Is sunk in falsehood, if you listen well
          To the argument that I shall give against it.
          "The eighth sphere shows to you a myriad
65       Of lights which by intensity and number
          Are manifestly different in appearance.
          "If ‘rare and dense’ alone could have caused
          All this, one single power, more or less
          Allotted equally, would be in all.
70       "These different powers have to be the fruits
          Of formal principles which, with one exception,
          Would by your way of thinking be destroyed.
          "Again, were rarity the reason for
          The dark you ask about, either this planet
75       Would lack material from place to place,
          "Or else, just as the lean and fat are layered
          Throughout the body, so its density
          Would alternate like pages in a book.
          "The first, if it were true, would be made plain
80       In the sun’s eclipse, by light shining through,
          As when it strikes rare bodies of all sorts.
          "This is not so: we must then view the other
          Alternative, and if I prove that wrong,
          Your theory will be shown to be untrue.
85       "For if rare matter does not riddle through,
          There must be a limit where the opposite
          Density prevents its passing farther;
          "And so the sun’s rays would be reflected back,
          Just as the color glances off the mirror
90       That has lead backing to seal it from behind.
          "Now you will say that the ray shows up dimmer
          On one place than on other areas
          Since it’s reflected there from farther back.
          "From this objection — should you care to try —
95       You can be set free by experiment
          Which is the source for the rivers of your arts.
          "Take up three mirrors, and set two of them
          Equally far from you, and farther still
          Let the third meet your eyes between the two.
100      "Facing toward them, have a light placed at
          Your back, so that it shines in the three mirrors
          And comes to you reflected in them all.
          "Although the farther image may not look
          As large to you, you will observe that there
105      It shines with equal brightness as the others.
          "Now, as beneath the strokes of warming sunbeams
          The undersurface of the snow lies bare
          Both of its former color and its coldness,
          "So, with your intellect swept bare,
110      I will inform you with light so alive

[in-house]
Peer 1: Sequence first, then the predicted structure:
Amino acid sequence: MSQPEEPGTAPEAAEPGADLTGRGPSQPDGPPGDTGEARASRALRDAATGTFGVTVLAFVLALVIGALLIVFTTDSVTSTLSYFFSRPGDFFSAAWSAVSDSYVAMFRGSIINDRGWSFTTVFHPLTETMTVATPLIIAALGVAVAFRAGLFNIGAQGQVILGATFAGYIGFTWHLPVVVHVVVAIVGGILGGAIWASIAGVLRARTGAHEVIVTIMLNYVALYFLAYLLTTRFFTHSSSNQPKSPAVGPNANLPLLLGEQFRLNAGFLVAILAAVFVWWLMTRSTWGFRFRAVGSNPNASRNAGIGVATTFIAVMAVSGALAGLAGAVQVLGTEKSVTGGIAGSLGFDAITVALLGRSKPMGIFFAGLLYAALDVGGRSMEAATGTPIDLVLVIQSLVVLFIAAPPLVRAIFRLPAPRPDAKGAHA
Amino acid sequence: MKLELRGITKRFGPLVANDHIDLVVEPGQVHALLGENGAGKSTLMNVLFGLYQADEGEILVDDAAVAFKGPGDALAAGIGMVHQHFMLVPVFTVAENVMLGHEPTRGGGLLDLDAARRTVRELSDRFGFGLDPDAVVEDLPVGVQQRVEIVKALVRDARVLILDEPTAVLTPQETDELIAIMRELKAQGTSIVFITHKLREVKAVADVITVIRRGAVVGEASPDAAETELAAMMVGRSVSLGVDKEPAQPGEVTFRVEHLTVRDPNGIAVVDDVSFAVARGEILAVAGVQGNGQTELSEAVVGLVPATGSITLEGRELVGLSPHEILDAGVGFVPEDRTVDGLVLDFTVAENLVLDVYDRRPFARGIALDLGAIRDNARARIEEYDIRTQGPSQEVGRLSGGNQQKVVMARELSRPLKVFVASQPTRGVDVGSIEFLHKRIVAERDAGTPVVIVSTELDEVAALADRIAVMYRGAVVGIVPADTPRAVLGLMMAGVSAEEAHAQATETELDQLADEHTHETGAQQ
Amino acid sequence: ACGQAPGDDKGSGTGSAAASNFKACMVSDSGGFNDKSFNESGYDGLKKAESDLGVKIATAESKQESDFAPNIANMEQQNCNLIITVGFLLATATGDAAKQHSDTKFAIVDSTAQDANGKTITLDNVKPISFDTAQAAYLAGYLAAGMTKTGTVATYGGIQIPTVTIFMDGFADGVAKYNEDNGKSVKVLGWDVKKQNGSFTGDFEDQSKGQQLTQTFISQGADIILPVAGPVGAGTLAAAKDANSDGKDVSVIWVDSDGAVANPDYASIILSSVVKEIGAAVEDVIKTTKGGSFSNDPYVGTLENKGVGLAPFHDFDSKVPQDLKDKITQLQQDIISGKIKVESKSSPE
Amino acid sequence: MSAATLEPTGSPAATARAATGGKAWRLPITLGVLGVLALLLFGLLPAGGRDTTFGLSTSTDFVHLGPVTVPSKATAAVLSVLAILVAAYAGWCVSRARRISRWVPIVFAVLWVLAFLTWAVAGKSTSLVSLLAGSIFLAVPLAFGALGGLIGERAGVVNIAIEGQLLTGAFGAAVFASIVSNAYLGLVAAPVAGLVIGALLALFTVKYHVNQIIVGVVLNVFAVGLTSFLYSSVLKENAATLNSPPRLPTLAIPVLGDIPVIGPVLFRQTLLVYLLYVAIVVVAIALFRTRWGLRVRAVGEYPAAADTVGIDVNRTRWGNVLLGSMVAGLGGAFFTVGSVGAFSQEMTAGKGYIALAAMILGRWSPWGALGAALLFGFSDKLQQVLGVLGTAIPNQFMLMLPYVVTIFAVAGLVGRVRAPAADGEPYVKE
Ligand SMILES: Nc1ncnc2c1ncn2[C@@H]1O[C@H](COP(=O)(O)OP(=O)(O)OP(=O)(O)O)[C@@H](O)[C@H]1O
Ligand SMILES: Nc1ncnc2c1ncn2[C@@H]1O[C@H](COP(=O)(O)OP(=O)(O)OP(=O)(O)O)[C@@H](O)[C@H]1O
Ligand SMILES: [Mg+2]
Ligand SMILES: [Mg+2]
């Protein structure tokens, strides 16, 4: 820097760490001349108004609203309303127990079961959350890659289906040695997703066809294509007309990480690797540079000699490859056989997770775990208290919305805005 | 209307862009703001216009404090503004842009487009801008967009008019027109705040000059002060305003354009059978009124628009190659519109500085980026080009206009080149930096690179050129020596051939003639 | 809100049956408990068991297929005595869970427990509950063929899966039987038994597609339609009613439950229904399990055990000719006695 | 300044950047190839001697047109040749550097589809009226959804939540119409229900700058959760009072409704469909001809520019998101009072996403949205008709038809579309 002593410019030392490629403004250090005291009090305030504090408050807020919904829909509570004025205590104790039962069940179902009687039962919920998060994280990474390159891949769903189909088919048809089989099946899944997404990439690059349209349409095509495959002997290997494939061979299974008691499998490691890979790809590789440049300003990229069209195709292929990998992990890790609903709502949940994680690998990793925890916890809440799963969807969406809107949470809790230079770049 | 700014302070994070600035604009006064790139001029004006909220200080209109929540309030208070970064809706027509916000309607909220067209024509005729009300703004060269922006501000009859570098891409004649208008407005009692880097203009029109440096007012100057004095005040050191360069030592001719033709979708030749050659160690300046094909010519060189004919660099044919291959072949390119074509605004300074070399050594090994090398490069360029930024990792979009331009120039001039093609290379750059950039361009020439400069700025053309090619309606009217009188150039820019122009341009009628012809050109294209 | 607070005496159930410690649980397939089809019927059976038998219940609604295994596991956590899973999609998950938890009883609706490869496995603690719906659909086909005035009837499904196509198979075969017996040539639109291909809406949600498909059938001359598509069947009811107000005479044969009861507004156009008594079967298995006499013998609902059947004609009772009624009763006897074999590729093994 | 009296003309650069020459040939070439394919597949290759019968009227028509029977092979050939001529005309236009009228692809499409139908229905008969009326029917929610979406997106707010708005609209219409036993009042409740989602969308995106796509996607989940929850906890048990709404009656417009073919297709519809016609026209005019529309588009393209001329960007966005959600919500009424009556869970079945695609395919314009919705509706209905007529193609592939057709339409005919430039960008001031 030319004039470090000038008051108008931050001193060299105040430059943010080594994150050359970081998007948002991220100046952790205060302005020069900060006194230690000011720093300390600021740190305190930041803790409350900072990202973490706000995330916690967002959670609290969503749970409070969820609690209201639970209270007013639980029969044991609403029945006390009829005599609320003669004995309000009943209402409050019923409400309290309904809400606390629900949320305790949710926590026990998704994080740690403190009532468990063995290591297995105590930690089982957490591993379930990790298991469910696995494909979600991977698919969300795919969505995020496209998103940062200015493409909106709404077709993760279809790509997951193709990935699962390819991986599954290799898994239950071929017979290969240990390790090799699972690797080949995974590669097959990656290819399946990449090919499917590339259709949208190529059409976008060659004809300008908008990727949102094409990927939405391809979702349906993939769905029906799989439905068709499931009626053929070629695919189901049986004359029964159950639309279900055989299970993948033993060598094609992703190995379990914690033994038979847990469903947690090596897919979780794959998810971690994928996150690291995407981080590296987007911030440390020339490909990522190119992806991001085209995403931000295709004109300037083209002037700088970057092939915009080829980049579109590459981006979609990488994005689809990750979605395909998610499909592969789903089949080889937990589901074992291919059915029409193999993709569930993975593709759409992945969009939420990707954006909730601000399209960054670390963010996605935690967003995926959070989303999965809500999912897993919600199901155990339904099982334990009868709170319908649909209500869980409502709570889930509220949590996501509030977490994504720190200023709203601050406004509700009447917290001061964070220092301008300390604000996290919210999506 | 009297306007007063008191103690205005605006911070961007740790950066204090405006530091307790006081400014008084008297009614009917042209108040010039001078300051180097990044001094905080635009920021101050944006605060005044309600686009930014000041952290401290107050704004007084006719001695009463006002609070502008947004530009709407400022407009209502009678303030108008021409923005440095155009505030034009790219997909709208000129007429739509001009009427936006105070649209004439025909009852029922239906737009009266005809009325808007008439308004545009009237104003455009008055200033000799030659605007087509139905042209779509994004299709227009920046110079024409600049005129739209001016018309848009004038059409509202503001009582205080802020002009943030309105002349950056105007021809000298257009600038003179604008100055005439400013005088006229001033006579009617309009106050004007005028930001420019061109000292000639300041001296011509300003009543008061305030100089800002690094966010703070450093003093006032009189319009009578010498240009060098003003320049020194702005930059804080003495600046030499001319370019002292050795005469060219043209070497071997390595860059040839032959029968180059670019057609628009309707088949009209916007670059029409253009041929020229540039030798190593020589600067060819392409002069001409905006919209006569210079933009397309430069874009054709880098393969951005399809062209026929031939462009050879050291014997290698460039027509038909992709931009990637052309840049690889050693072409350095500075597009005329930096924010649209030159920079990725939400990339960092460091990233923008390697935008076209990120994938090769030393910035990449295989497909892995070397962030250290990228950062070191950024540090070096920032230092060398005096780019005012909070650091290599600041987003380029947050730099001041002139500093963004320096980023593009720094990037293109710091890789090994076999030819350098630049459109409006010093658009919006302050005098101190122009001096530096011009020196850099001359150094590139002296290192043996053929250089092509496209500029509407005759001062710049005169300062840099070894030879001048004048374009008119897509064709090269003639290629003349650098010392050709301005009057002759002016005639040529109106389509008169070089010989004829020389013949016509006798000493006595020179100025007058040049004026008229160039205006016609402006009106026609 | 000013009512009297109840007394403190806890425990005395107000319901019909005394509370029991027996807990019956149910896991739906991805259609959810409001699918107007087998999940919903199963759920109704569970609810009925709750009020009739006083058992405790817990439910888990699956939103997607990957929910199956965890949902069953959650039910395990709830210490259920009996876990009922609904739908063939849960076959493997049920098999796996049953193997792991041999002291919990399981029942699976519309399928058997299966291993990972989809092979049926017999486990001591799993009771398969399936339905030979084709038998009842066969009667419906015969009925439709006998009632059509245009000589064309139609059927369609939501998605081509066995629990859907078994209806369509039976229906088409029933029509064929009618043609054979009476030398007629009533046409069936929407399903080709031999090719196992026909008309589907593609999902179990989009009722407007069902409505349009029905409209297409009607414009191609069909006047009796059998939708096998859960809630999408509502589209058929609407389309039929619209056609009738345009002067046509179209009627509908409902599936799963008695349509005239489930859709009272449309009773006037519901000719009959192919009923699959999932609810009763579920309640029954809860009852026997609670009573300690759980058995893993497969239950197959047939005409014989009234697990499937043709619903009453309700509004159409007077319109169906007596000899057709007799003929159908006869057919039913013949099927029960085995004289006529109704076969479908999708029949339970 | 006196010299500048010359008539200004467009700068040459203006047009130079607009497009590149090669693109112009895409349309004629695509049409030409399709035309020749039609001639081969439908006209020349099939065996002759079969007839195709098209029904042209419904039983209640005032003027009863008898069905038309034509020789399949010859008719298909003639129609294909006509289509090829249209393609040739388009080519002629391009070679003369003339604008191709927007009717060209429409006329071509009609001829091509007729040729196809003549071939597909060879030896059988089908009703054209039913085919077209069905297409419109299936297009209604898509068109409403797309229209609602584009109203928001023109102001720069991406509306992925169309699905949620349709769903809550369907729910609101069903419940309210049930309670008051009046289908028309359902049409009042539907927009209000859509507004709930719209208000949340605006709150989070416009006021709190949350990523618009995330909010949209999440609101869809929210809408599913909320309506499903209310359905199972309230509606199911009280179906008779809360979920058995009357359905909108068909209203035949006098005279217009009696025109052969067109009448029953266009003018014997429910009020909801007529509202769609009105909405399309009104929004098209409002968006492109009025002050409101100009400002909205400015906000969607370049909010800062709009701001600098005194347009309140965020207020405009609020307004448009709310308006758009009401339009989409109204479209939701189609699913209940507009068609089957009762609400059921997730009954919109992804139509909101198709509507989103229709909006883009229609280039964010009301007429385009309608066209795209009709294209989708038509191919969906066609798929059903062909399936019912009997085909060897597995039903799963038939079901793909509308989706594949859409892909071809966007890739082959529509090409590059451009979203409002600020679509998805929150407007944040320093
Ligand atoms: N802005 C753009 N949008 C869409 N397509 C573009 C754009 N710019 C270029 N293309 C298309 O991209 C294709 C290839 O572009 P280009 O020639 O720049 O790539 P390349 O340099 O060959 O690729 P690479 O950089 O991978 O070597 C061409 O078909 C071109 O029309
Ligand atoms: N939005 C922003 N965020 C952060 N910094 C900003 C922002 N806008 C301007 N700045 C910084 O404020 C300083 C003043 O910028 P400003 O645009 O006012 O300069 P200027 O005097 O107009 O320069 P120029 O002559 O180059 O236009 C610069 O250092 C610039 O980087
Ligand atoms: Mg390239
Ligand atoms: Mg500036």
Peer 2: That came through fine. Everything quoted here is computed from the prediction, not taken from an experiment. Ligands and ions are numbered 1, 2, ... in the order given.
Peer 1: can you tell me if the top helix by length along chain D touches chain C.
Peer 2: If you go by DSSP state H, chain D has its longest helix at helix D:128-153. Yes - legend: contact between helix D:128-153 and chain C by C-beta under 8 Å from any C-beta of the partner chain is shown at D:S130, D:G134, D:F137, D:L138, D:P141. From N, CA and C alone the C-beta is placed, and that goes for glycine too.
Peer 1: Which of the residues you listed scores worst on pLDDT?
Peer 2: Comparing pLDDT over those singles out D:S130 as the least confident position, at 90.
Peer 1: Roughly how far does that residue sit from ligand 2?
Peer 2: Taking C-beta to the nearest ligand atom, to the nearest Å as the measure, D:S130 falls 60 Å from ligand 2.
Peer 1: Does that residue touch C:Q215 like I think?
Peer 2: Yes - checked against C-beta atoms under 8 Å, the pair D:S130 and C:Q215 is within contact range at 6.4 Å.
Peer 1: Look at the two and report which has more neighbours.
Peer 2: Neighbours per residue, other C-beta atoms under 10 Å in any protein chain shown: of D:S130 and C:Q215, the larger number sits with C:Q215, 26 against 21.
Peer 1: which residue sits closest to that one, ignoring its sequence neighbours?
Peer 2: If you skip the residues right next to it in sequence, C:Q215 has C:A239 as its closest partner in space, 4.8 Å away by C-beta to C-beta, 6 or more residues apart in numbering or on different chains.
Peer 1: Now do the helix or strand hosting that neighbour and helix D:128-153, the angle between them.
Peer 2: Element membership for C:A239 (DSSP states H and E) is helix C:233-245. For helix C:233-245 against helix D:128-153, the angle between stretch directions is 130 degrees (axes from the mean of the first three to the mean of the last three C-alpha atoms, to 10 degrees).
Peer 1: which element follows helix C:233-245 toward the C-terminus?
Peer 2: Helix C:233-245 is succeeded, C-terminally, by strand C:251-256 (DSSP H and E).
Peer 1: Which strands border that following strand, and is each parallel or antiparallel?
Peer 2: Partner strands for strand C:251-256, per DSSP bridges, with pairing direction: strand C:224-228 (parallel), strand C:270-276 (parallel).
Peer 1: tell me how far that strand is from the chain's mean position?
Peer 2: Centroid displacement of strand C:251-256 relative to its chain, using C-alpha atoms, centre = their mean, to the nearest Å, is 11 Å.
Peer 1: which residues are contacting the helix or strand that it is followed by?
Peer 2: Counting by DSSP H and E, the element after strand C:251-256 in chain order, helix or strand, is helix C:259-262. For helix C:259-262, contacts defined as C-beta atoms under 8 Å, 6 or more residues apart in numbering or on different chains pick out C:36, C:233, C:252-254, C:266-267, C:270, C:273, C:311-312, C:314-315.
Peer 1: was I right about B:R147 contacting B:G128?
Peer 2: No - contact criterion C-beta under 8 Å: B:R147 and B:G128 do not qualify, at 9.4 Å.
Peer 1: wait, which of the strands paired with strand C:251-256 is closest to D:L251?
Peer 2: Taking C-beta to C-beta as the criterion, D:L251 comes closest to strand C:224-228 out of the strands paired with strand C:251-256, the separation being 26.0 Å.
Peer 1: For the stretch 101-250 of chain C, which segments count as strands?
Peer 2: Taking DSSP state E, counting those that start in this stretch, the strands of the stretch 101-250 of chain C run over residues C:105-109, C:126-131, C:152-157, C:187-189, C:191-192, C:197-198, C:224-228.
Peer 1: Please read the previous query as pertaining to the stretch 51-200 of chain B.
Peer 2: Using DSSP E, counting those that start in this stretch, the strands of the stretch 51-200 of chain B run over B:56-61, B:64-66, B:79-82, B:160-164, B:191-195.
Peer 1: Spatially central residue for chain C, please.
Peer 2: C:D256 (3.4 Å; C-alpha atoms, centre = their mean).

That it will shimmer as you look on it.
          "Deep in the heaven of divine peace
          There whirls a body in whose power rests
          The being of all things that it contains.
115      "The heaven after it, with brilliant stars,
          Distributes this being to different essences,
          Distinct from it and yet contained within it.
          "The other circles by various degrees
          Dispose the separate powers in themselves
120      To their own proper ends and propagation.
          "These organs of the universe proceed,
          As you now see, from grade to grade, obtaining
          Their power from above and acting downward.
          "Pay close attention now to how I travel
125     Through this passage to the truth you long for,
          So that you’ll learn to cross the ford alone.
          "The motion and the power of sacred spheres
          Must be inspired by angelic movers,
          Just as the hammer’s art is by the smith.
130      "And that heaven which myriad lights make lovely
          Takes its image from the deep Mind that turns it
          And of that image makes itself the seal.
          "And as the soul within this dust of yours
          Has been diffused throughout the different members
135     To suit each one to some distinctive function,
          "So the Intelligence deals out its goodness
          By multiplying itself among the stars
          As it revolves on its own unity.
          "Varying power makes up various mixtures
140     With the precious bodies which it enlivens
          And in which it is bound like life in you.
          "Because of the glad nature from which it flows,
          This mingled power shines out through the body
          As gladness does in the eye’s lively pupil.
145     "From this power comes the apparent difference
          Between light and light, not from dense and rare:
          This is the formal principle which produces,
          "In proportion to its goodness, the dark and bright."